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How Can You Leave Log4J in 2021?

How Can You Leave Log4J in 2021?

Jan 11, 2022
With the last month of 2021 dominated by the log4J vulnerabilities discovery, publication, and patches popping up in rapid succession, odds are you have patched your system against Log4J exploitation attempts. At least some systems, if not all. You might even have installed the latest patch – at the time of writing, that is 2.17.1, but, if the last rapid patching cycle persists, it might have changed by the time this is published. In the meantime, defenders might have been working overtime to plug Log4J born security gaps, but so did cyber-attackers. Log4J's well-deserved fame also alerted cyber-attackers to a potential entry pathway into their target. And, while log4J will hopefully vanish from the headlines,  cyber-attackers are likely to continue trying to exploit it  in the hope of finding unpatched or incompletely patched targets. As human error still accounts  for 95% of all security breaches , cyber-attackers actively rely on these human errors to exploit them and take advant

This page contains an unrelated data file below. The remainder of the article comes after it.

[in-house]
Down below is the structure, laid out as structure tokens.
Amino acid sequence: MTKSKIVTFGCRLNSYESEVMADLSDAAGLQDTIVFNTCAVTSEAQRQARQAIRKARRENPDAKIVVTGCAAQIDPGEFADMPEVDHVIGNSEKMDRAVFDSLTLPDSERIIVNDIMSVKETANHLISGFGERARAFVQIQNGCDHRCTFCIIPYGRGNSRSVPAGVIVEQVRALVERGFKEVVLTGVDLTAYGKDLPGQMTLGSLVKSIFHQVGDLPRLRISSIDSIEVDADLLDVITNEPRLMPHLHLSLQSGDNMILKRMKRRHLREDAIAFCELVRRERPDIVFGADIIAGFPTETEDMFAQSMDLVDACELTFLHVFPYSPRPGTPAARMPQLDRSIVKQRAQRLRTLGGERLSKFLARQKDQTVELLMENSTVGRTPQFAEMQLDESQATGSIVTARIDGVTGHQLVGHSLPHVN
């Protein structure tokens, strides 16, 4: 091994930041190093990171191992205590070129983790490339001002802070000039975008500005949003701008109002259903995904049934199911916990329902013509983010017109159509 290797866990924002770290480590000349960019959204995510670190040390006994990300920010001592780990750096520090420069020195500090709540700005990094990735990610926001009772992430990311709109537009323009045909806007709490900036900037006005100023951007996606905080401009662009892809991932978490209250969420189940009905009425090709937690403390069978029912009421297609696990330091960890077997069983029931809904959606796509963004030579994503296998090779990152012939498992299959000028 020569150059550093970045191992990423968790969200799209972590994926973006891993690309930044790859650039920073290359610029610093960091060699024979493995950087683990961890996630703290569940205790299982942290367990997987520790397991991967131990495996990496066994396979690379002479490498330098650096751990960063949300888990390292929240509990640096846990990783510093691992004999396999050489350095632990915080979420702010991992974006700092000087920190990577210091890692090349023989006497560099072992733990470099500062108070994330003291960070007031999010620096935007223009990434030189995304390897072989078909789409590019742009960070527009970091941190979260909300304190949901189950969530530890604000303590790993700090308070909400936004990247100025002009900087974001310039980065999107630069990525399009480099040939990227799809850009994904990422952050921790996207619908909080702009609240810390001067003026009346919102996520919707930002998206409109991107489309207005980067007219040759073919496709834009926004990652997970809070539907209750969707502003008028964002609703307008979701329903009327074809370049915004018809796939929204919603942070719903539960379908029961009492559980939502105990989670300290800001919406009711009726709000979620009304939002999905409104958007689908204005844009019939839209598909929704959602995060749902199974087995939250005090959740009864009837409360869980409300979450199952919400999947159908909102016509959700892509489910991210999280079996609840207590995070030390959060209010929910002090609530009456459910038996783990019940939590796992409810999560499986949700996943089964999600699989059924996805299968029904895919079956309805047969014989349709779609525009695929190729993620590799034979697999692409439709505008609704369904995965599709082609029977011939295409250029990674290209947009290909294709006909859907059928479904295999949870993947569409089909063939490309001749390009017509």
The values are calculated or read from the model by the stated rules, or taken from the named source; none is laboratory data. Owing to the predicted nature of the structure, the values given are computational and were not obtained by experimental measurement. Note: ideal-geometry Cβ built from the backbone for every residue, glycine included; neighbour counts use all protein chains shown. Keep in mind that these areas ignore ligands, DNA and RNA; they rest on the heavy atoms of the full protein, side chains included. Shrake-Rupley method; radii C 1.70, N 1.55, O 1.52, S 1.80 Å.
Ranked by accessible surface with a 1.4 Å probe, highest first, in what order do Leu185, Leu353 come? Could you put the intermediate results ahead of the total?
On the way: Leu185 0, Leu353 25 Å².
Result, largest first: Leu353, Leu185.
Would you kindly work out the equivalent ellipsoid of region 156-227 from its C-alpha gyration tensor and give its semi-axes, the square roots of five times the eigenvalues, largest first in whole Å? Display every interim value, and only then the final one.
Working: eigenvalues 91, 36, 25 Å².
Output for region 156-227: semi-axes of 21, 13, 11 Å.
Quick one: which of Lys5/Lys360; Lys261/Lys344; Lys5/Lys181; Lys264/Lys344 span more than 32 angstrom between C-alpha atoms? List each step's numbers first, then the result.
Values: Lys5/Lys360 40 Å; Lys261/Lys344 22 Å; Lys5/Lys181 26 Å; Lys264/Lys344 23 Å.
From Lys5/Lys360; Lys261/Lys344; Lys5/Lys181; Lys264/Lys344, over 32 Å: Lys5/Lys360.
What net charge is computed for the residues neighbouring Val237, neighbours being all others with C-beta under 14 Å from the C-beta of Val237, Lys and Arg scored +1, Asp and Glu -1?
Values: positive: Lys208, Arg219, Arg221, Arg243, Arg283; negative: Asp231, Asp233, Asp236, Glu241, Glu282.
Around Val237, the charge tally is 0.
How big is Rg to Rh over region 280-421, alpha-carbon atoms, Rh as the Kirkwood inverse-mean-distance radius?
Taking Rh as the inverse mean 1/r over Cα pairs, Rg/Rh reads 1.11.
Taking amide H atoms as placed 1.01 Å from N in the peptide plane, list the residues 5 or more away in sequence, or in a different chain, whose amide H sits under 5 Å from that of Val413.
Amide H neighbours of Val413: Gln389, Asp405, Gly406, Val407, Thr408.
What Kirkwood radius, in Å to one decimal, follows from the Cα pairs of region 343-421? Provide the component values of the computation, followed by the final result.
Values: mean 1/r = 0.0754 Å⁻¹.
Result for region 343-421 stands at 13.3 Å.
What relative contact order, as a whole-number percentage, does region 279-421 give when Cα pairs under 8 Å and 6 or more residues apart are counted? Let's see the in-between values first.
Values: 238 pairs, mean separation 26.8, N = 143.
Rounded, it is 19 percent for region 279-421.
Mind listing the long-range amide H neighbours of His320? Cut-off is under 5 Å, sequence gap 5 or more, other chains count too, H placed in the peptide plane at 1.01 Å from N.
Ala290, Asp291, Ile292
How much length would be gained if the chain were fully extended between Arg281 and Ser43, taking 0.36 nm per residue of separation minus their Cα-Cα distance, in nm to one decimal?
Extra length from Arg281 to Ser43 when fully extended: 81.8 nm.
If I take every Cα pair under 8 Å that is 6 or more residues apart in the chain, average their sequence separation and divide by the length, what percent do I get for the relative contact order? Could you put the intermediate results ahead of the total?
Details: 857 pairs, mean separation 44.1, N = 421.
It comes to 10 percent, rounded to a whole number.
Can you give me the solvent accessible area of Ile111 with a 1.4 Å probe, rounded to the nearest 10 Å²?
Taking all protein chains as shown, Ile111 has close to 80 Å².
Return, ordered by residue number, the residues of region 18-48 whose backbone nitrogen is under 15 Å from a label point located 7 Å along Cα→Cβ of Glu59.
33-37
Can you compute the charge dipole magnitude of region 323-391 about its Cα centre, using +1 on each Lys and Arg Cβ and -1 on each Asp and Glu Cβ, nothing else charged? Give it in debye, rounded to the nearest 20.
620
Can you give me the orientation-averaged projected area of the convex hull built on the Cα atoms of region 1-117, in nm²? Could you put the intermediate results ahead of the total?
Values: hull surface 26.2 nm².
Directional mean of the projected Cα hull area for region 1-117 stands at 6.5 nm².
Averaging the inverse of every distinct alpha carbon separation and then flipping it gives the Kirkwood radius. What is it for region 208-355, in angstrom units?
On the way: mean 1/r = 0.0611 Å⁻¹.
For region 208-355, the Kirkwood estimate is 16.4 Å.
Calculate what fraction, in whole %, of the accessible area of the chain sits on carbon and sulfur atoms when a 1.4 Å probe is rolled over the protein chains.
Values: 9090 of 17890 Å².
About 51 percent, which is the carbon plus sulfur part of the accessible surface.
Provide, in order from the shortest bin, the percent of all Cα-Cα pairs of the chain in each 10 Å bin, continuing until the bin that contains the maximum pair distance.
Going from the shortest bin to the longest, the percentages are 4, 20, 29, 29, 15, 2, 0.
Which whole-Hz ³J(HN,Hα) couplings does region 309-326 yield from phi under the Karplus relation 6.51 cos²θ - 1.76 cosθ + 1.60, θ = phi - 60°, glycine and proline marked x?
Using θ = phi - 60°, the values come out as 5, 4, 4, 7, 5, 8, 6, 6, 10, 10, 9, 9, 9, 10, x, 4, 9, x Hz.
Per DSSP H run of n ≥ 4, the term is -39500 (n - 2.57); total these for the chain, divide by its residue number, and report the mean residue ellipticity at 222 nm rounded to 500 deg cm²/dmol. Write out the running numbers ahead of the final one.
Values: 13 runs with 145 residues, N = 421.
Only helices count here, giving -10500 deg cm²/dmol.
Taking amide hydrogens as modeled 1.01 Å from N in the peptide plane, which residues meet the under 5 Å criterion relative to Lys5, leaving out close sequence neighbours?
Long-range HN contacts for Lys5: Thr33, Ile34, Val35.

New Apache Log4j Update Released to Patch Newly Discovered Vulnerability

New Apache Log4j Update Released to Patch Newly Discovered Vulnerability

Dec 29, 2022
The Apache Software Foundation (ASF) on Tuesday rolled out fresh patches to contain an arbitrary code execution flaw in Log4j that could be abused by threat actors to run malicious code on affected systems, making it the fifth security shortcoming to be discovered in the tool in the span of a month. Tracked as  CVE-2021-44832 , the vulnerability is rated 6.6 in severity on a scale of 10 and impacts all versions of the logging library from 2.0-alpha7 to 2.17.0 with the exception of 2.3.2 and 2.12.4. While Log4j versions 1.x are not affected, users are recommended to upgrade to Log4j 2.3.2 (for Java 6), 2.12.4 (for Java 7), or 2.17.1 (for Java 8 and later). "Apache Log4j2 versions 2.0-beta7 through 2.17.0 (excluding security fix releases 2.3.2 and 2.12.4) are vulnerable to a remote code execution (RCE) attack where an attacker with permission to modify the logging configuration file can construct a malicious configuration using a JDBC Appender with a data source referencing a JND
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